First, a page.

Building stronger workforces: How AI helps organizations attract and hire more neurodiverse talent

Building stronger workforces: How AI helps organizations attract and hire more neurodiverse talent

While many organizations are finding it difficult to fill in-demand skills gaps, the ongoing labor shortage is hopefully inspiring business and talent leaders to widen the search to meet their talent needs — and that includes hiring neurodiverse people with the help of AI. 

In the United States alone, thousands of talented neurodiverse workers are looking for the right roles. Approximately 15 to 20 percent of the population is neurodiverse and includes several conditions like autism, ADHD, and dyslexia, among others. 

Historically, the problem for these workers is that employers have tended to look at their neurodivergence before their skills. As a result, neurodivergent talent is underrepresented in the workforce. 

According to data from the Center for Neurodiversity and Employment Innovation at the University of Connecticut, “Unemployment for neurodivergent adults runs at least as high as 30-40 percent, which is three times the rate for people with disability, and eight times the rate for people without disability.

In the United States alone, it is estimated that 85 percent of people on the autism spectrum are unemployed, compared to 4.2 percent of the general population, according to an article on Deloitte Insights.  

The key to reaching these potential candidates is surfacing their skills and connecting them with available roles. As April is World Autism Month, here is why hiring neurodiverse talent is important for every organization and some tips on how to do it better. 

Building stronger workforces: How AI helps organizations attract and hire more neurodiverse talent

RELATED CONTENT: Read our latest report on why DEI initiatives produce better business outcomes. 

Neurodiverse workers benefit your workforce

Neurodiverse people bring new perspectives as they see and experience the world from different angles. Organizations should see that as a plus.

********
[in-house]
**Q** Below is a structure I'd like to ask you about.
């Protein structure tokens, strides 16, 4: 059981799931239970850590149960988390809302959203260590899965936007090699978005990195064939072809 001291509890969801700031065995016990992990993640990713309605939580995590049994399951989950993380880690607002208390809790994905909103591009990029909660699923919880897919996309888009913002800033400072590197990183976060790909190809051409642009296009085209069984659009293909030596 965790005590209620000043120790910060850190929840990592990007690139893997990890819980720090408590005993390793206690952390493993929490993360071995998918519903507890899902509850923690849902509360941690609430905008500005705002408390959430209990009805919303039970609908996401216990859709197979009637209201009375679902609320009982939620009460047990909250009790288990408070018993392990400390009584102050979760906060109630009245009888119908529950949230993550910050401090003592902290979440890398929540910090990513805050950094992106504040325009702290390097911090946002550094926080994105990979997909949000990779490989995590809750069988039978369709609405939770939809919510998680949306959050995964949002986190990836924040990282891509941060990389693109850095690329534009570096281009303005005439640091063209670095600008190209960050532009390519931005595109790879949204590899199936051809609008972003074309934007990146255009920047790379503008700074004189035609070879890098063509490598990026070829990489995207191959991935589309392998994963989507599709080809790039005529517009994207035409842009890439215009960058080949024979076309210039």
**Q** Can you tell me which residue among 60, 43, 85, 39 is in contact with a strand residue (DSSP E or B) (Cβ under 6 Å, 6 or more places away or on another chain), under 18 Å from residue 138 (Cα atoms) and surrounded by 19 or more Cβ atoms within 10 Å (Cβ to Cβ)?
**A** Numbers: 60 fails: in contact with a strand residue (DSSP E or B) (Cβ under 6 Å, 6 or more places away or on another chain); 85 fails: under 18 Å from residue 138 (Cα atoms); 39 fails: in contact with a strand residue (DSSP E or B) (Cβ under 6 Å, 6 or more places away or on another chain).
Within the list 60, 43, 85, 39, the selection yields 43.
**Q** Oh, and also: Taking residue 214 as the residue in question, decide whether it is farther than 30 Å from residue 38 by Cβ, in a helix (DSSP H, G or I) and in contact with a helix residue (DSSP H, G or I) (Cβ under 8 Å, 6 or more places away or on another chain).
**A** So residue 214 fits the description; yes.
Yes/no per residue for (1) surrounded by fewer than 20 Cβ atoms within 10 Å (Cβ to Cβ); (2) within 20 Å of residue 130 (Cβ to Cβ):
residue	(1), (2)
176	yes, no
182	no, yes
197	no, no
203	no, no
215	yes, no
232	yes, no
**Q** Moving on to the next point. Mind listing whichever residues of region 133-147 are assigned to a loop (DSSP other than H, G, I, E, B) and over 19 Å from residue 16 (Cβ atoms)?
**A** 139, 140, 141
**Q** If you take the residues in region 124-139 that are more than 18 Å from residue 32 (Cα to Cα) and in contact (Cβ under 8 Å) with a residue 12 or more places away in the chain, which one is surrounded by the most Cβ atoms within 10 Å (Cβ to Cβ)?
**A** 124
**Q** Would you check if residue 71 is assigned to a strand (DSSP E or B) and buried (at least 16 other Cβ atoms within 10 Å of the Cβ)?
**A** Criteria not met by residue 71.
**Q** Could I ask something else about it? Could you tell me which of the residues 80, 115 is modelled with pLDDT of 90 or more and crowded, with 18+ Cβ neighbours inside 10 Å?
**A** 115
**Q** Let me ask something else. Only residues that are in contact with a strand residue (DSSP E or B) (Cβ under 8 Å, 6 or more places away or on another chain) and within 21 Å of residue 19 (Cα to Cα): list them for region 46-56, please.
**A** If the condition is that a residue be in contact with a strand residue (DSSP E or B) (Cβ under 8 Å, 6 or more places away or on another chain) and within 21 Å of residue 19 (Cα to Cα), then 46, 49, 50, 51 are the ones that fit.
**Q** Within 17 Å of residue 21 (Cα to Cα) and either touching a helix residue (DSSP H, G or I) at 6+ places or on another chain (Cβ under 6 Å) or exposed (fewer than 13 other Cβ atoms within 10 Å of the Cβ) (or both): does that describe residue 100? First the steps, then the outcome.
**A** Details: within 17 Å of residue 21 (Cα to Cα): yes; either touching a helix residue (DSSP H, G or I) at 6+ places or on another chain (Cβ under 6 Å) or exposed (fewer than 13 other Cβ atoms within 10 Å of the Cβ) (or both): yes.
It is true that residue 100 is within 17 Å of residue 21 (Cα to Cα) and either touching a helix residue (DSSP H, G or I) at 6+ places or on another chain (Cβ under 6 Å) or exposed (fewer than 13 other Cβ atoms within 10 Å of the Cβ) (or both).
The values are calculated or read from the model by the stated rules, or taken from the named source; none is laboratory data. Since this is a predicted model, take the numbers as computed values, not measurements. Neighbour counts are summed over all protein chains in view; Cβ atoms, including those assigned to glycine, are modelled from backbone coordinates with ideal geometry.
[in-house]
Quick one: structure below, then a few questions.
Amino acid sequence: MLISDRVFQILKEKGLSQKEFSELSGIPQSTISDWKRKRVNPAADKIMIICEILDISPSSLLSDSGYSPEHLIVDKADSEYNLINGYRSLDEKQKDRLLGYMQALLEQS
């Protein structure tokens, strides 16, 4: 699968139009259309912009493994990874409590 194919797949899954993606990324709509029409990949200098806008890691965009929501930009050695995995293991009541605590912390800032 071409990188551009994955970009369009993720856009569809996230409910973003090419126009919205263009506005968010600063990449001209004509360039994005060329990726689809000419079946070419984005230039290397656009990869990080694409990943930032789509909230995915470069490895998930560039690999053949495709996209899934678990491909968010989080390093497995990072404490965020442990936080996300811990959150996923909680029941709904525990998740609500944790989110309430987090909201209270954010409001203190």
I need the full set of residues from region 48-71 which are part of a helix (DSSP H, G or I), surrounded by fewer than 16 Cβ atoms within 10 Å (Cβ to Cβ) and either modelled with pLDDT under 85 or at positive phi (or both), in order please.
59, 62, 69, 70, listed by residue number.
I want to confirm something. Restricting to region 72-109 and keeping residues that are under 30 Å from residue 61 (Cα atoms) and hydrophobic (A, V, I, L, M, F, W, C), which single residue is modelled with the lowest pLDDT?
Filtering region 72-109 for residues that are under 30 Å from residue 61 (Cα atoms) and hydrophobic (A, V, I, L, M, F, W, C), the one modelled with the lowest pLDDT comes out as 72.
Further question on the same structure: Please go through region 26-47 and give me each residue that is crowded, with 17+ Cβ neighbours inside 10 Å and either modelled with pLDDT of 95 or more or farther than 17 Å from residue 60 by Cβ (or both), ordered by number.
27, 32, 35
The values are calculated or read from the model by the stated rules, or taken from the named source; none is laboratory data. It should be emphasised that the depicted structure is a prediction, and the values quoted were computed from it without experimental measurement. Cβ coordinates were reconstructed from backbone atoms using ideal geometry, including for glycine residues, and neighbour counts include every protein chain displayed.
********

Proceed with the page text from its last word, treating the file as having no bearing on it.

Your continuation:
“One big benefit of an inclusive work culture is that it fosters diversity of thought, different approaches to work, innovation, and creativity,” the Deloitte article continues.

“Research suggests that teams with neurodivergent professionals in some roles can be 30 percent more productive than those without them. Inclusion and integration of neurodivergent professionals can also boost team morale.”

When it comes to engaging neurodiverse talent, pairing the right person with the right role is essential. Many HR teams may not realize that their hiring processes might discriminate against neurodiverse talent. Several of the most basic elements — job descriptions, application tasks, and interviews — may be setting neurodiverse people up for failure.

An autistic professional is up to 140 percent more productive than an average employee when properly matched to a job that fits their skills,” states this Harvard Business Review article. “Yet discrimination against neurodivergent people continues. That’s because most of the ‘common’ workplace practices at the workplace are established for neurotypicality.”

To find and hire skilled neurodiverse talent, organizations must re-evaluate their talent process to ensure that neurodiverse people feel welcome to apply and have the same chance of being hired as neurotypical people. Several factors, like providing interview questions in advance and asking for work samples, can contribute to removing or reducing barriers for neurodiverse people so they can apply and interview for jobs.

Yet another key to hiring and integrating neurodiverse talent is using a skills-based approach. Looking at skills first can inform several aspects of the talent acquisition process and transform it to be more inclusive and support qualified candidates, whether neurodiverse or neurotypical. Hiring managers who establish skills expectations upfront for neurodiverse people help set them up for success.

By taking a skills-first perspective, HR leaders can mitigate biases that lead them to overlook people with the skills they need. Focusing on skills gives neurodiverse individuals the same opportunities as neurotypical people. It also creates wider talent pools. 

AI-powered talent intelligence is a highly effective and efficient way to make this happen by widening those talent searches and inviting more neurodiverse people into the pipeline.

Building stronger workforces: How AI helps organizations attract and hire more neurodiverse talent